Tips for choosing a sailing course – Get the best course, experience and value for your money!

14th, May 2013

Destinations: First, choose a place you want to explore and are excited to visit for your sailing course.

  • Is it a popular destination?
  • Are locals welcoming of visitors?
  • Do the anchorages tend to be like rush hour on the LA freeways?
  • Is the sea life rich and the location conducive to snorkeling or diving?
  • How is the weather at that particular time of year?
  • Is there a risk of hurricanes?

Nautilus Sailing liveaboard course in the Grenadines

Boats: It is well advised to find out more about the boat you’ll be on before signing up for a course. Sailing schools use a wide range of boats, and these can vary considerably in size and quality. Find out the year of the boat you’d be learning on and ask for recent photos of her.

  • Will you be sailing in a 1971 bath tub or a young, sleek yacht?
  • How many people will be onboard for the course?
  • How many heads/bathrooms are there?
  • Will you have your own cabin, be sleeping on the couch, or sharing a bed with someone you’ve never met?

Derelict Sailboat

Boat Equipment: This pertains particularly to liveaboard courses. In terms of electronics; the more the merrier! Radar, chartplotter, GPS, sonar, AIS, knot meter, wind direction & wind speed indicators are all valuable tools, and it is an advantage to learn how to operate them with an instructor. Emergency equipment is also well worth checking out.

  • What happens in the case of an emergency?
  • Are there items like an EPIRB, personal locator beacon and life raft on board?
  • If you are on a liveaboard course, does your boat have a dinghy and outboard motor for exploring beaches and for getting ashore?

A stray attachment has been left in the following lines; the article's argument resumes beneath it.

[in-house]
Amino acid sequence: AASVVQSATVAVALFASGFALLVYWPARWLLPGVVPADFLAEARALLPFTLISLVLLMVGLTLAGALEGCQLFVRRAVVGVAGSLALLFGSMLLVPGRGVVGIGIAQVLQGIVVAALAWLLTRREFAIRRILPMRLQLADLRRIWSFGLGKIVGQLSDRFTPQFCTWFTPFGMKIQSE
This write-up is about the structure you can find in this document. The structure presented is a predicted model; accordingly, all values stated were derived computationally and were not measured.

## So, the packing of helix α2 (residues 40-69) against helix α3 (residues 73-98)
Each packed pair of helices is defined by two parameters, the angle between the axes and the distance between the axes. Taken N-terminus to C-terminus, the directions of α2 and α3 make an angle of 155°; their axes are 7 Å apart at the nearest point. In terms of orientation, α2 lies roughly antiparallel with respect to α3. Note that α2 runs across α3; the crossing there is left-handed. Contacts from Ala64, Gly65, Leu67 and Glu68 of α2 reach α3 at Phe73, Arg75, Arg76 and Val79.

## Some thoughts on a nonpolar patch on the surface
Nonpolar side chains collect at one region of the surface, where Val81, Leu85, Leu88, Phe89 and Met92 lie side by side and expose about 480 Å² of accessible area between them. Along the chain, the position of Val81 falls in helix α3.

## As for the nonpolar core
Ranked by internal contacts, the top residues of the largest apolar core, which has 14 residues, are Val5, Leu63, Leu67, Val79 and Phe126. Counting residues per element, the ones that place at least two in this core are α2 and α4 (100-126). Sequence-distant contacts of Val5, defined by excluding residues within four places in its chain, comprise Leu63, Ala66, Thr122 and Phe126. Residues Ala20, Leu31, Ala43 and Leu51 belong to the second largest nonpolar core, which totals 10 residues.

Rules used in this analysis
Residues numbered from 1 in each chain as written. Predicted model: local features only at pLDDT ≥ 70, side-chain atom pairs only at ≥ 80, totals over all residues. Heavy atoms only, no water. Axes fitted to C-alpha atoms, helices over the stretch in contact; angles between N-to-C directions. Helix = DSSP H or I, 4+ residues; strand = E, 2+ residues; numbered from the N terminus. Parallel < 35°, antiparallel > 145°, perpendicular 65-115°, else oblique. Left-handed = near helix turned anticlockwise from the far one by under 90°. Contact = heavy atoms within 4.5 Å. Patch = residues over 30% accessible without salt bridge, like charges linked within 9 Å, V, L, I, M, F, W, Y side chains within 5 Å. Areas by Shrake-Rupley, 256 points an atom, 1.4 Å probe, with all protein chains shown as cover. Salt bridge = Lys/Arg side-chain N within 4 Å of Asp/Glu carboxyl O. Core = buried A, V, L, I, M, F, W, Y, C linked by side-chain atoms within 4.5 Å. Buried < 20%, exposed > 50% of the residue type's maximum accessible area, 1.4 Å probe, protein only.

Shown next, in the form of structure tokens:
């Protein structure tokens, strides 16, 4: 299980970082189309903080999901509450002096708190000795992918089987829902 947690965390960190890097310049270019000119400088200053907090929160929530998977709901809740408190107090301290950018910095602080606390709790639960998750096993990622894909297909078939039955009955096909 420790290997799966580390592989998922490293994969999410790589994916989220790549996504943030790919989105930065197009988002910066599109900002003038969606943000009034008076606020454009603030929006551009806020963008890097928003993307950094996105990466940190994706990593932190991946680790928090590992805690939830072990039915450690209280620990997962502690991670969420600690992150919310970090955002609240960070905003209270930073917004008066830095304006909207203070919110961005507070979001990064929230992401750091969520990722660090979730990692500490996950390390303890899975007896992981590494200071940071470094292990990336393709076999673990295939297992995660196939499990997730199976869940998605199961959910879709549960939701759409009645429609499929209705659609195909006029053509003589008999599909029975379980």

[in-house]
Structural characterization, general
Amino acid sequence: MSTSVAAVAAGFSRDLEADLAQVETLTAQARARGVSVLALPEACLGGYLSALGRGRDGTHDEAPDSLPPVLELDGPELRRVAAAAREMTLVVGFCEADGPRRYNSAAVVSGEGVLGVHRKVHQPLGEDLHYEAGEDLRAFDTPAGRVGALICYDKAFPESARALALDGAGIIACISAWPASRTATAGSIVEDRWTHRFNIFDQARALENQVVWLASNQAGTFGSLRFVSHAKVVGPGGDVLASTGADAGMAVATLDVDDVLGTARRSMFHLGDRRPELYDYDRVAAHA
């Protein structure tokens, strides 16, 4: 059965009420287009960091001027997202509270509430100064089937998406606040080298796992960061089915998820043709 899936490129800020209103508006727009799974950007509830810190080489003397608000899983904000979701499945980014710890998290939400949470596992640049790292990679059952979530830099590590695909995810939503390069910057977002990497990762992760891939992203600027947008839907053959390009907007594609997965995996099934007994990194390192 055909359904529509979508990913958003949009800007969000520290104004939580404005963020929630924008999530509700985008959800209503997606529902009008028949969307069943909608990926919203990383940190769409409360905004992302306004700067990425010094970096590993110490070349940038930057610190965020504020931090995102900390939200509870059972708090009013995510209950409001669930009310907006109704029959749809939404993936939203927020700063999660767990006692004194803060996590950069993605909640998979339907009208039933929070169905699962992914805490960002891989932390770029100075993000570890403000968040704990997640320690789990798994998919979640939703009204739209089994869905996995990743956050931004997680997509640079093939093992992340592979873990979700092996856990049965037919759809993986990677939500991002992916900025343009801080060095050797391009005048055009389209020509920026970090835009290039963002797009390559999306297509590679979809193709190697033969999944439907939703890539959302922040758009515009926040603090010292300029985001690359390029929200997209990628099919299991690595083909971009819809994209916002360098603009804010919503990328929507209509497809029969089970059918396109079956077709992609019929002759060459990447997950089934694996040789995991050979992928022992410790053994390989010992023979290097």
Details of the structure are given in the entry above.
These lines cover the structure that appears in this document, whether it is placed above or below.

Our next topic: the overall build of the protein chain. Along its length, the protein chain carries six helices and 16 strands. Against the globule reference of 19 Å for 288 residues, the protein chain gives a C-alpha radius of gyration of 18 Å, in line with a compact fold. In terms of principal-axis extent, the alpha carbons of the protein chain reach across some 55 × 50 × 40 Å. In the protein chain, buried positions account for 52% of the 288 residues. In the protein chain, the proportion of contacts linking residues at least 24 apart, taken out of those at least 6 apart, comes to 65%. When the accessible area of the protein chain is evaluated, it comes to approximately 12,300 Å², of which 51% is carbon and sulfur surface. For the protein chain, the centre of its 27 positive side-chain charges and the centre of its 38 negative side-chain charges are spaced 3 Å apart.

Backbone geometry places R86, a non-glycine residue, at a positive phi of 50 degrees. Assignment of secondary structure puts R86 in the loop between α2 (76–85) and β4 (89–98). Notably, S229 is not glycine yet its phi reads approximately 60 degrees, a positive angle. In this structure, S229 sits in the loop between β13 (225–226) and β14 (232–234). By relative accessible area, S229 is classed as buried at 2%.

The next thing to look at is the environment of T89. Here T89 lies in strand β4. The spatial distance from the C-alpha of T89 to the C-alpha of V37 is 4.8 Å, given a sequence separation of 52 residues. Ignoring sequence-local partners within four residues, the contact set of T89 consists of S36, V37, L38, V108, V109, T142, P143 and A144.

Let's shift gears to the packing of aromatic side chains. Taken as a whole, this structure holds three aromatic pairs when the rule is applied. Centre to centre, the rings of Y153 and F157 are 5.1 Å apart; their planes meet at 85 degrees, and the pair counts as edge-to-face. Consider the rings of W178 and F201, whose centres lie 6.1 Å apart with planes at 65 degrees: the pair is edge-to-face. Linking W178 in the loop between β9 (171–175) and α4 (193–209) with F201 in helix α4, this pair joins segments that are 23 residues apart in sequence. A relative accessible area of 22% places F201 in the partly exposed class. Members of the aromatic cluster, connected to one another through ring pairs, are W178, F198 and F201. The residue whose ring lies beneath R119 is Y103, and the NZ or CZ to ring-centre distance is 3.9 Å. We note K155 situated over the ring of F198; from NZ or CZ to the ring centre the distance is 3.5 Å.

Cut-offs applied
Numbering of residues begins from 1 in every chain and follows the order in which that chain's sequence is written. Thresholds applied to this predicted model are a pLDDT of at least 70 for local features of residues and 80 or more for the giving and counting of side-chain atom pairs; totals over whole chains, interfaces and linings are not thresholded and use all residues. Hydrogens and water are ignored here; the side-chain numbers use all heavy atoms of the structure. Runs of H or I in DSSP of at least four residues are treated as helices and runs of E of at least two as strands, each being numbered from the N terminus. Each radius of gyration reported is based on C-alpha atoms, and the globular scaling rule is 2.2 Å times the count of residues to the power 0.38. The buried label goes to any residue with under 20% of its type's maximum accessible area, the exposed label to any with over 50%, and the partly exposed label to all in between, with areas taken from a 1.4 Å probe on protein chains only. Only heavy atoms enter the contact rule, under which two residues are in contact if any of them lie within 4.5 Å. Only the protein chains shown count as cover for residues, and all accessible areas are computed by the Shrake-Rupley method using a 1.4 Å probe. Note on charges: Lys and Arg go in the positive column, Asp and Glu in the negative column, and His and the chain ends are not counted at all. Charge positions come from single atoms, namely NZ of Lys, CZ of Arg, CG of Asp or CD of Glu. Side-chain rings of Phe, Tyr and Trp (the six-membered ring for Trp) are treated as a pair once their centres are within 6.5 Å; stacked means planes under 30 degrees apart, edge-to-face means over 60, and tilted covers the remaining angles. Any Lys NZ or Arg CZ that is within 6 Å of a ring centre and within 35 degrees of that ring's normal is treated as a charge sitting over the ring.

• Is there snorkeling equipment onboard?
  • Are fishing poles and equipment provided?

Instructor: Salty SailorYou’re looking for a patient, knowledgeable instructor that is good at communicating and teaching. Remember, just because an instructor has a wealth of sailing experience, doesn’t necessarily mean that they are able to teach that experience effectively to others. Find out who the instructor will be for the course you are considering and give them a call. Try to gauge if their personality and style of communicating would be beneficial in your learning process.

Certification: American Sailing Association or US Sailing?American Sailing Association logo ASA With 30 years of experience, the American Sailing Association (ASA) continue to be the experts in sailing education. They have set a standard of excellence in developing textbooks and curricula in the field, leading the way in which other sailing associations have followed. With first-rate courses, exceptional materials, and over 836,000 ASA certificates issued, ASA certification receives international recognition. So, go with an ASA course that offers formal ASA certification.

Final thoughts Get some testimonials about the course and your instructor, and make sure they are recent. The more information you have, the better. If you are still in doubt, ask if you can contact someone who recently completed the course, and hear a first hand account. A good sailing school and instructor should have nothing to hide.

Categories: Learn to Sail
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